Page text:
1. Roadrunners are members of the cuckoo family.
Found in deserts, grasslands, and forests, the greater roadrunner (Geococcyx californianus) cruises through the southwestern U.S. and northern Mexico. Its slightly smaller relative, the lesser roadrunner (Geococcyx velox), is generally found further south. Both birds belong to the cuckoo family, Cuculidae, which also includes anis and malkohas. All the members of the family have zygodactyl feet, with two forward-facing and two backward-facing toes. The arrangement gives roadrunners X-shaped footprints.
2. Roadrunners are fast—but coyotes are faster.
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According to The Real Roadrunner by Martha Anne Maxon, scientists have clocked the speedy birds running at 15 to 20 miles per hour. Coyotes can run twice as fast as even the fastest roadrunners, but luckily for the birds, coyotes would just as well dine on small rodents, plants, and lizards instead of birds.
3. Flying isn’t the roadrunner’s forte.
Most of the time, roadrunners get around on foot, but taking flight is an option too. Roadrunners will sometimes glide down to Earth from tree branches or canyon rims, but they’re limited to short-distance powered flights because their wings are weak and their muscular legs weigh them down. To get airborne, they usually need a running start.
4. Lizards, seeds, and hummingbirds are on the roadrunner’s menu.
Opportunistic and omnivorous, roadrunners will eat seeds, cactus fruit, snails, snakes, lizards, insects, arachnids, and rodents. Smaller birds are fair game, too. Roadrunners will sometimes lurk around birdfeeders and, with a great leap, snatch songbirds in midair. Wildlife photographer Roy Dunn recently filmed a roadrunner capturing a hummingbird at his backyard feeder.
5. Roadrunners can out-maneuver striking rattlesnakes.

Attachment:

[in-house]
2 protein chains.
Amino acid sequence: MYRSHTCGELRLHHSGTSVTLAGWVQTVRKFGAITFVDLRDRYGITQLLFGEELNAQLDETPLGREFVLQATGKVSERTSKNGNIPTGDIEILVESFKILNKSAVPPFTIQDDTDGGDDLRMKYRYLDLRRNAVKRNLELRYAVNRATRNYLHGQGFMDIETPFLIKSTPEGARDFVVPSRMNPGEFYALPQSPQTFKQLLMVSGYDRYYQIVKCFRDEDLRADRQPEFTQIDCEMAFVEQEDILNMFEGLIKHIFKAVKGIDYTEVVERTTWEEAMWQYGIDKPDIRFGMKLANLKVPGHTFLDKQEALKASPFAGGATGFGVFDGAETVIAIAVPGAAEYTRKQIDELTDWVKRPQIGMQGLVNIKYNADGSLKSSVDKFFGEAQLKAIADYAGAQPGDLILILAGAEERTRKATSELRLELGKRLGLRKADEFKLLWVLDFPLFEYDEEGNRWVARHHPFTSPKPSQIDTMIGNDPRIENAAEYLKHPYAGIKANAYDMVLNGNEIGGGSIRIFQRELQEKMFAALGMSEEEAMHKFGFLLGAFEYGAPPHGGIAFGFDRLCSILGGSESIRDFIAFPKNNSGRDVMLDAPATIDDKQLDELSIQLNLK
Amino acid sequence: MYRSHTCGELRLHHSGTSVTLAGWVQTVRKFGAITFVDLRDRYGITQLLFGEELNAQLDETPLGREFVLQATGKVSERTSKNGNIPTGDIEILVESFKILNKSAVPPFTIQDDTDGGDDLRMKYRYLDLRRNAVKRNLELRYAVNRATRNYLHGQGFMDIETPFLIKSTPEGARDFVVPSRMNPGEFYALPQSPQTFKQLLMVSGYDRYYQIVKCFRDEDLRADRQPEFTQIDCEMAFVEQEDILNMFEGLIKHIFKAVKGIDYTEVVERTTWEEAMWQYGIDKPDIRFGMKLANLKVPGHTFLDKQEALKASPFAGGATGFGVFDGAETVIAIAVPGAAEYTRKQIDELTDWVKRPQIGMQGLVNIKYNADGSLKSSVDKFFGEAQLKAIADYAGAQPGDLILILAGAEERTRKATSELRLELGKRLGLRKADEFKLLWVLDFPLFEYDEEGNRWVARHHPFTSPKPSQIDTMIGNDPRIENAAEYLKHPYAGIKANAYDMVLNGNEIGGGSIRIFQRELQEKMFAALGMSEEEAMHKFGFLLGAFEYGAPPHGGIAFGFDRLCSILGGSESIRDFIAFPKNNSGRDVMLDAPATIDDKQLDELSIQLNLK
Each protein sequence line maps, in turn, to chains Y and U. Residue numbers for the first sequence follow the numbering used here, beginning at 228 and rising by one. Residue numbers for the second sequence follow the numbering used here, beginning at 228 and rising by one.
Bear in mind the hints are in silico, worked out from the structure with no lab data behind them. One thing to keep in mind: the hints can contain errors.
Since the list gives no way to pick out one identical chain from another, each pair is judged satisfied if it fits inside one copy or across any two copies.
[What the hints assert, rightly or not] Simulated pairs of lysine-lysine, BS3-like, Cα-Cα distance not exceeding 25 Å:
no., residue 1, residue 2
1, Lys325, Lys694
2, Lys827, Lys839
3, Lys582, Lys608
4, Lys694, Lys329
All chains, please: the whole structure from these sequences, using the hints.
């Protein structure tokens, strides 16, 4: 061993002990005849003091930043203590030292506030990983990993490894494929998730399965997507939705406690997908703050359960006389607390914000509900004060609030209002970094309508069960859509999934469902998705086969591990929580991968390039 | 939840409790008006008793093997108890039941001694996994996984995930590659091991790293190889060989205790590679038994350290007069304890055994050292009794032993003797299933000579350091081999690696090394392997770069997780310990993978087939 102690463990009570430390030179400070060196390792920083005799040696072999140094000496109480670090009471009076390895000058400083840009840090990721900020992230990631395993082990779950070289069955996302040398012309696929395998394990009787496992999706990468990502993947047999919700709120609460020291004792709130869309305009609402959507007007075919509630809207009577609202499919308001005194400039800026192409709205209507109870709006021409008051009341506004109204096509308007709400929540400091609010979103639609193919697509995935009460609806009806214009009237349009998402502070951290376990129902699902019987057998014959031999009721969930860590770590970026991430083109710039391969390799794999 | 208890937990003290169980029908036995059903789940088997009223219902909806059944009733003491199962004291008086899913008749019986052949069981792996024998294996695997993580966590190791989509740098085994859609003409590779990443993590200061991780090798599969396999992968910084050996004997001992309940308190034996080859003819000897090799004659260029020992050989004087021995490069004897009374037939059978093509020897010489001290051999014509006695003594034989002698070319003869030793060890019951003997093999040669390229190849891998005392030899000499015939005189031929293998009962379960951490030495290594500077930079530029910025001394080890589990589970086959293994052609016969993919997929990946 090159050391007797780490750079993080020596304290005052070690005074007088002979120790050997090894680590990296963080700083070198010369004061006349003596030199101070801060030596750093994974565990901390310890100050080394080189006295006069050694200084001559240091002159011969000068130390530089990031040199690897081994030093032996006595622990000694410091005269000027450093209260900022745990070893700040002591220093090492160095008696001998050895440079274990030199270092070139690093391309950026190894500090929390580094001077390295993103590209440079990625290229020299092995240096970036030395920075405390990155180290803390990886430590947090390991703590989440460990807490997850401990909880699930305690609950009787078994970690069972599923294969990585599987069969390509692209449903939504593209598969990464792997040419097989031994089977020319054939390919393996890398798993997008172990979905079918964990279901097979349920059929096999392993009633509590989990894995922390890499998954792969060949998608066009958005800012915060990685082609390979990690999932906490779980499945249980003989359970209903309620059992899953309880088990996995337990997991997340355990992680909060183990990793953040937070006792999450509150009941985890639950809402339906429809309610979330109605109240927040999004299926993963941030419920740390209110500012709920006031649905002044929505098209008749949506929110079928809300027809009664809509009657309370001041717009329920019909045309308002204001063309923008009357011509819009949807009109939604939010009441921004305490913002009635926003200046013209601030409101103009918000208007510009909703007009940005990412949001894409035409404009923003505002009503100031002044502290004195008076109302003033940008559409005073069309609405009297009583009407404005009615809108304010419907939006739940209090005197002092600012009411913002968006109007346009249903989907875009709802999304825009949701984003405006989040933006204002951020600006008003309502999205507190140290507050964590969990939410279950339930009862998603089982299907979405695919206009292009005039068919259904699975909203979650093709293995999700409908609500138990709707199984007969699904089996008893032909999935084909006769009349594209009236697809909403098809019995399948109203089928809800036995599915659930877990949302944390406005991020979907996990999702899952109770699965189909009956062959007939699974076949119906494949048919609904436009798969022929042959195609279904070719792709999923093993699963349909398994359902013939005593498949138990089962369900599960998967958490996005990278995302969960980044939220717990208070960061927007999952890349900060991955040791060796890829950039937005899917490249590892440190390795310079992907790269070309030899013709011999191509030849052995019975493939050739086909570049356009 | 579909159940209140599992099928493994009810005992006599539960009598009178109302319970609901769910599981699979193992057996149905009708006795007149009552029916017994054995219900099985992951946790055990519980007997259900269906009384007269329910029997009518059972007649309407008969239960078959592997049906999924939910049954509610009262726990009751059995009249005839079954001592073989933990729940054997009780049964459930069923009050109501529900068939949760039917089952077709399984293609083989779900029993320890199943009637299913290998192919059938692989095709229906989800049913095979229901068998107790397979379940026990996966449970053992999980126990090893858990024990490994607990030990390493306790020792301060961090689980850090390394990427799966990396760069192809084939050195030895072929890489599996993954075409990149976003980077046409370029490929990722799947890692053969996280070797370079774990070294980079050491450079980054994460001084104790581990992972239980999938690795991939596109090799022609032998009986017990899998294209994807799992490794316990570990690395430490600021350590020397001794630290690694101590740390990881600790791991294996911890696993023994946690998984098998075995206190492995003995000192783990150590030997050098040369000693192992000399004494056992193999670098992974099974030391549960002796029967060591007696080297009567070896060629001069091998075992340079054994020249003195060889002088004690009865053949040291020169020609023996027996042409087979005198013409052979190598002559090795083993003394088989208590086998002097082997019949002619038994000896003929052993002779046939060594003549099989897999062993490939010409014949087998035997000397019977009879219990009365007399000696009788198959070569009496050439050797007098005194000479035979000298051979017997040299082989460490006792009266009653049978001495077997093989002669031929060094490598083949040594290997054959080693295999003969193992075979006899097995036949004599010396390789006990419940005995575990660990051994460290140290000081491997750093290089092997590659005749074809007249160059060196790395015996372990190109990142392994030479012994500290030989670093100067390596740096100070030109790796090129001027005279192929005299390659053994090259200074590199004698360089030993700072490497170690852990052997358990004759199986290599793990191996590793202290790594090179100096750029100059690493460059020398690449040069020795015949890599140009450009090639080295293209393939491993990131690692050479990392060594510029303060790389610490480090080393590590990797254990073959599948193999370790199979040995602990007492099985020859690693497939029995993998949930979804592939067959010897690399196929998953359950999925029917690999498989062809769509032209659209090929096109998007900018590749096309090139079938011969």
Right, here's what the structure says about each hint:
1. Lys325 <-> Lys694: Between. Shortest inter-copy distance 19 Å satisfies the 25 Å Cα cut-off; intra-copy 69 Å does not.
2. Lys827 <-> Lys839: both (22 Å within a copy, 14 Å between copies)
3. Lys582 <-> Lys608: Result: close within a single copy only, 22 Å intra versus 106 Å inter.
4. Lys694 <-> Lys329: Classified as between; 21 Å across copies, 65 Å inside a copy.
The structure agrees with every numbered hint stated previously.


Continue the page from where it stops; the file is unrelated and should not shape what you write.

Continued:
Roadrunners have no fear of venomous rattlesnakes—in fact, they find them delicious. But hunting one takes patience. When the two beasts face off, the roadrunner will fan its wings, which makes the bird look bigger and more threatening. As the snake strikes, the roadrunner nimbly leaps out of the way. This happens over and over until the bird, having learned the snake’s routine, grabs it by the back of the head in mid-strike. Then the roadrunner bashes the snake against the ground until it’s subdued or dead. Since they don’t have talons and their beaks aren’t equipped to rip through flesh, roadrunners swallow snakes whole.
6. Puebloan peoples believe roadrunners ward off dangerous spirits.
Roadrunners are viewed as protective entities among Puebloan peoples in the southwest U.S. Members of these tribes scratched X-shaped symbols designed to look like the birds’ tracks into the earth around dead bodies. The Xs were believed to secure them from evil spirits: malevolent beings would get confused because they couldn’t tell which way the roadrunner who left the “footprints” had been headed. Likewise, roadrunner feathers were placed over cradles to protect the babies inside.
7. Roadrunners do not say “beep! beep!”
Male roadrunners emit cooing noises while courting females and defending territories. Both sexes also use barks and growls to communicate—and for unknown reasons, roadrunners like to produce a long series of clicks by snapping their beaks. The clicks might be a message about one’s territory or a signal to broadcast one’s location to others.
8. Greater roadrunners team up to defend their territories.
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Considered monogamous, greater roadrunners sometimes pair for life. To help maintain the relationship, males periodically dance for their partners. They’ll also offer food and materials that can be used during nest construction. Both parents take turns incubating their eggs, which are laid in clutches of two to six, and they share chick-raising duties later on. Defending the home turf is another task they perform together. A single pair of roadrunners may occupy a huge territory encompassing up to 250 acres.
9. Roadrunners can conserve energy by lowering their body temperatures.
Roadrunners don’t migrate. On cold nights, the birds reduce their own body temperatures by as much as 15°F, which allows them to burn less energy. To help warm themselves back up, the birds like to sunbathe in the early morning [PDF]. They even raise their feathers to expose their skin directly to the sun’s warming rays.
10. The roadrunner is the state bird of New Mexico.
The greater roadrunner was formally chosen to be the Land of Enchantment’s state bird on March 16, 1949. Since then, the anti-littering organization Keep New Mexico Beautiful, Inc. has adopted an anthropomorphic roadrunner named Dusty as its mascot.